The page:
“One of the greatest tragedies that we face today politically is that most people have given up on the political process. They understand the political process is stacked against them. They think there is no particular reason for them to come out and vote — and they don’t.”

Well, there have been several signs lately that people haven’t fully given up, and I’d like to highlight two promising examples here.

Black Lives Matter
On August 8th, three Black Lives Matter activists disrupted a Bernie Sanders campaign event in Seattle.

It was courageous and brilliant.

Anyone who thinks the activists were rude or barking up the wrong tree — because Bernie has an excellent record on civil rights for people of color — simply doesn’t get it, doesn’t understand the depths of the problem, the ugly persistence of institutional racism, the daily struggles of Black Americans, the daily degradations, the enduring discrimination and the lack of opportunity.

The Black Lives Matter movement clearly has not given up, and we should celebrate that they were successful in getting Bernie to meet with and listen to them, to strengthen his support for their work, such that when he was initially asked if black lives matter he gave a qualified answer — “black lives matter, white lives matter, Hispanic lives matter” — and when he was asked in the first Democratic Presidential Debate this past Tuesday he included no such qualifier:

Black lives matter. And the reason those words matter is the African American community knows that on any given day some innocent person like Sandra Bland can get into a car, and then three days later she’s going to end up dead in jail, or their kids are going to get shot. We need to combat institutional racism from top to bottom, and we need major, major reforms in a broken criminal justice system in which we have more people in jail than China. And, I intended to tackle that issue. To make sure that our people have education and jobs rather than jail cells.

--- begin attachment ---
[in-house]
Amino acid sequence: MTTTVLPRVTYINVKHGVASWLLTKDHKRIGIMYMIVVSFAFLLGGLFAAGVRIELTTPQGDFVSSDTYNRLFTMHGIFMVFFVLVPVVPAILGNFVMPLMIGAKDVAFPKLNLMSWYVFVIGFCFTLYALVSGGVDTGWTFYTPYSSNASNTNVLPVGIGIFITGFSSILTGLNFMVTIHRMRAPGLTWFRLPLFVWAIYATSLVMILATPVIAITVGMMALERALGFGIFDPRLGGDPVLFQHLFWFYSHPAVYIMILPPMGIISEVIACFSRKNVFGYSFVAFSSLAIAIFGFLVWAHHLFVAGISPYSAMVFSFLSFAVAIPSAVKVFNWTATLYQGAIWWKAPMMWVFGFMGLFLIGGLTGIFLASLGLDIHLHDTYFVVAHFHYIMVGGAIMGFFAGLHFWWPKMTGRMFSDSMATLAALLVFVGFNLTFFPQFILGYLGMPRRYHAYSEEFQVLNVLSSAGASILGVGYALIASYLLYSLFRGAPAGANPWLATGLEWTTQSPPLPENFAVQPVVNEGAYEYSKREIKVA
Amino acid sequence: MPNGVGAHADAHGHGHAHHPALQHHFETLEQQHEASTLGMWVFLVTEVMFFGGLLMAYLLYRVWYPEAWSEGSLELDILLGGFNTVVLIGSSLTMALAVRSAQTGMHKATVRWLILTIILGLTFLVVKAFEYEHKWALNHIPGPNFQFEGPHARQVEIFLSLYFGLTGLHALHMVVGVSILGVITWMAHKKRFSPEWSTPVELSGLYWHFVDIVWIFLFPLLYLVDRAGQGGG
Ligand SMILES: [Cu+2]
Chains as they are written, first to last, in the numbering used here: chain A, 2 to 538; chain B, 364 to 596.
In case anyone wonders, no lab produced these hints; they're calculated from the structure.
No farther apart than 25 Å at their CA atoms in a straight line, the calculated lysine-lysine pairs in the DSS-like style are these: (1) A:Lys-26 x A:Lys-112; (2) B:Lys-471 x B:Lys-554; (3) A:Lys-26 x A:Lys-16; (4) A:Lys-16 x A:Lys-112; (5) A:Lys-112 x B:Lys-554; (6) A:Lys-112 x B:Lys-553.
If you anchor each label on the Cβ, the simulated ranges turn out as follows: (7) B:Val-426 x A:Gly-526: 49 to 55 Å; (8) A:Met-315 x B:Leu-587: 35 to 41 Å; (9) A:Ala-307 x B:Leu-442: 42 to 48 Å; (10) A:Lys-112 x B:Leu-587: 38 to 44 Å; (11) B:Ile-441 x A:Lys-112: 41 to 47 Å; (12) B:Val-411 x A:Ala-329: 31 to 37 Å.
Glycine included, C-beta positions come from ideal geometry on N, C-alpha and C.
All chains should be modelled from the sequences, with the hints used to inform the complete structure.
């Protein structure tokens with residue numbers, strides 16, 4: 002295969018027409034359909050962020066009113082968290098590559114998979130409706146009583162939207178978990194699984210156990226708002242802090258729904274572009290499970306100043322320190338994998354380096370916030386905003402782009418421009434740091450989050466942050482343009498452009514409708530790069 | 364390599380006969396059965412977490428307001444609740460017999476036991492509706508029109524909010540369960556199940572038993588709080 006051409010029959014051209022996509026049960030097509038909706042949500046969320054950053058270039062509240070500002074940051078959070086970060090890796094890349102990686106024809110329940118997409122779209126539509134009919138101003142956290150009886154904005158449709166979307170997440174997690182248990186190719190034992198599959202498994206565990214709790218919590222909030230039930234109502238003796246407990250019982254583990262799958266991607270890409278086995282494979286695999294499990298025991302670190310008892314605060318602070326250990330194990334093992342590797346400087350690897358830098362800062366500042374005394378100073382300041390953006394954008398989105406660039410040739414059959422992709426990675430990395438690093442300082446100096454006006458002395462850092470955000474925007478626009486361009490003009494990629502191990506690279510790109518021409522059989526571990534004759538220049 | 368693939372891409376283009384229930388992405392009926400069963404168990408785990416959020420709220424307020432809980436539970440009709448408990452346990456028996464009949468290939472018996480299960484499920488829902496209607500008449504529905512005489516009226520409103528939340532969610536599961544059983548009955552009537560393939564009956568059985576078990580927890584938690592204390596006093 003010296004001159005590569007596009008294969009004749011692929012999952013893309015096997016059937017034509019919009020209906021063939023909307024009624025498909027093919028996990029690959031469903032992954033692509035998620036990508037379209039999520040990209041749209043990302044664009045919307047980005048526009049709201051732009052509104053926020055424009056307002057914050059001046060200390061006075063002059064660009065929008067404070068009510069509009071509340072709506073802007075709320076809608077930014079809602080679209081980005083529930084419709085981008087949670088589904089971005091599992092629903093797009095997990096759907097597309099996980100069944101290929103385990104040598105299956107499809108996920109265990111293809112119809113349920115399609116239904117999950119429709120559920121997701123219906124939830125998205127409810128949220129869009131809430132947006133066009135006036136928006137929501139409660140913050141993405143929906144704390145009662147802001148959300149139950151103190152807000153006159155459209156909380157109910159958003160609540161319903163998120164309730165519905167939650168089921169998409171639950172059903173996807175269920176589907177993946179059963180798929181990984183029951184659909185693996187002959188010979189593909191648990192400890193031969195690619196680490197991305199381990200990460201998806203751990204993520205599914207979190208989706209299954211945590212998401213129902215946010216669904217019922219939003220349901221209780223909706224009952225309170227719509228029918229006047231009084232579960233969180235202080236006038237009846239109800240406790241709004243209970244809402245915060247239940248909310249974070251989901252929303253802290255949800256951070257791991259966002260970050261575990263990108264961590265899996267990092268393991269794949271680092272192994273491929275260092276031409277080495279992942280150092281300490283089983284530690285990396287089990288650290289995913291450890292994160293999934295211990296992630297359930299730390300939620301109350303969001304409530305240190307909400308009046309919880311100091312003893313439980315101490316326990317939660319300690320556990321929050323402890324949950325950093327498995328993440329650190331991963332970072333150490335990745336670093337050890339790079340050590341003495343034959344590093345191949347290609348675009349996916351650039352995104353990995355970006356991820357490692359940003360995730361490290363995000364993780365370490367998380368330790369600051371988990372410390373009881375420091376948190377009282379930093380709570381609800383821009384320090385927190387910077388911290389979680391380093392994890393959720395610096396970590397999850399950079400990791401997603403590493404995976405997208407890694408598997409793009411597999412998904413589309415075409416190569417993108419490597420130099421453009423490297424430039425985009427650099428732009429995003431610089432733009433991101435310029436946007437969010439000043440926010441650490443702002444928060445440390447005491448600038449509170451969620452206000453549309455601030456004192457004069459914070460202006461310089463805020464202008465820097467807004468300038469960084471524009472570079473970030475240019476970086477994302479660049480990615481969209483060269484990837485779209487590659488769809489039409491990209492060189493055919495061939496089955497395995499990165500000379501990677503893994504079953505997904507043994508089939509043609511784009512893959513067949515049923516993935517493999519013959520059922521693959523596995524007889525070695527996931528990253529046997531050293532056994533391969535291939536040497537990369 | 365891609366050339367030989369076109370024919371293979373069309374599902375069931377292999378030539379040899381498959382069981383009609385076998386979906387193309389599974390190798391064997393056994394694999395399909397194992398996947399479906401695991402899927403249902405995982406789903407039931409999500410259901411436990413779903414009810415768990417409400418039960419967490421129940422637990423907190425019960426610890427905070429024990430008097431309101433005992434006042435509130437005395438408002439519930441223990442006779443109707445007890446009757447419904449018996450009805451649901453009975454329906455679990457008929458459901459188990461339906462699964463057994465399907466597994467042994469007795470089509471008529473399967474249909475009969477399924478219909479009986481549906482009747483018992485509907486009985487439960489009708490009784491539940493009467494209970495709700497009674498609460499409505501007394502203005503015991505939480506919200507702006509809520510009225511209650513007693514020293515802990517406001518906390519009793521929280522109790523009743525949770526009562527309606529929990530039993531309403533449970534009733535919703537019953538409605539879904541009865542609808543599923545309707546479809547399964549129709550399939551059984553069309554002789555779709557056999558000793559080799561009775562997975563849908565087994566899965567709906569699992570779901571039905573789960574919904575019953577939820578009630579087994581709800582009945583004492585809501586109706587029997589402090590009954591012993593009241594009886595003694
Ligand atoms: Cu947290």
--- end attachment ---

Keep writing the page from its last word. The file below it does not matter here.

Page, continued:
THAT is getting it!

Insurgent Candidates
I don’t know the origin of the term “insurgent candidate”, it certainly predates its current use, but I absolutely love it. And yes, even when it’s referring to candidates I vehemently oppose, because a true Democracy should provide a real opportunity to anyone who wants to participate in government by running for office, and no one should be deterred by a lack of money, by a political party that favors establishment players, or by a rigid 2-party system that breeds polarization and gridlock.

Getting more specific, I see as a very good thing insurgent candidates who do not fit, and defiantly refuse to fit, the media-perpetuated definition of “presidential”. I and millions of other Americans are sick to death of highly polished, highly coached, highly focus-grouped, politicians. They are the reason why so many of us had given up.

If insurgency allows for a loudmouthed, racist poster boy for capitalist greed like Donald Trump to reach Republican front-runner status, it’s worth it if at the same time it allows plainspoken, SuperPac-less, unapologetically Democratic Socialist Bernie Sanders, to be a serious challenger to Wall Street darling Hillary Clinton.

Mark Hertsgaard nails this and calls it Bernie’s “secret weapon” in The Nation.

Anyway, I’m running out of time, it’s Friday, that means a Video Fridays installment is due, and so here’s the brief story of another insurgent candidate, Stuart Schuffman, who is running for Mayor of San Francisco, and whose campaign website is refreshingly called: Broke-Ass Mayor.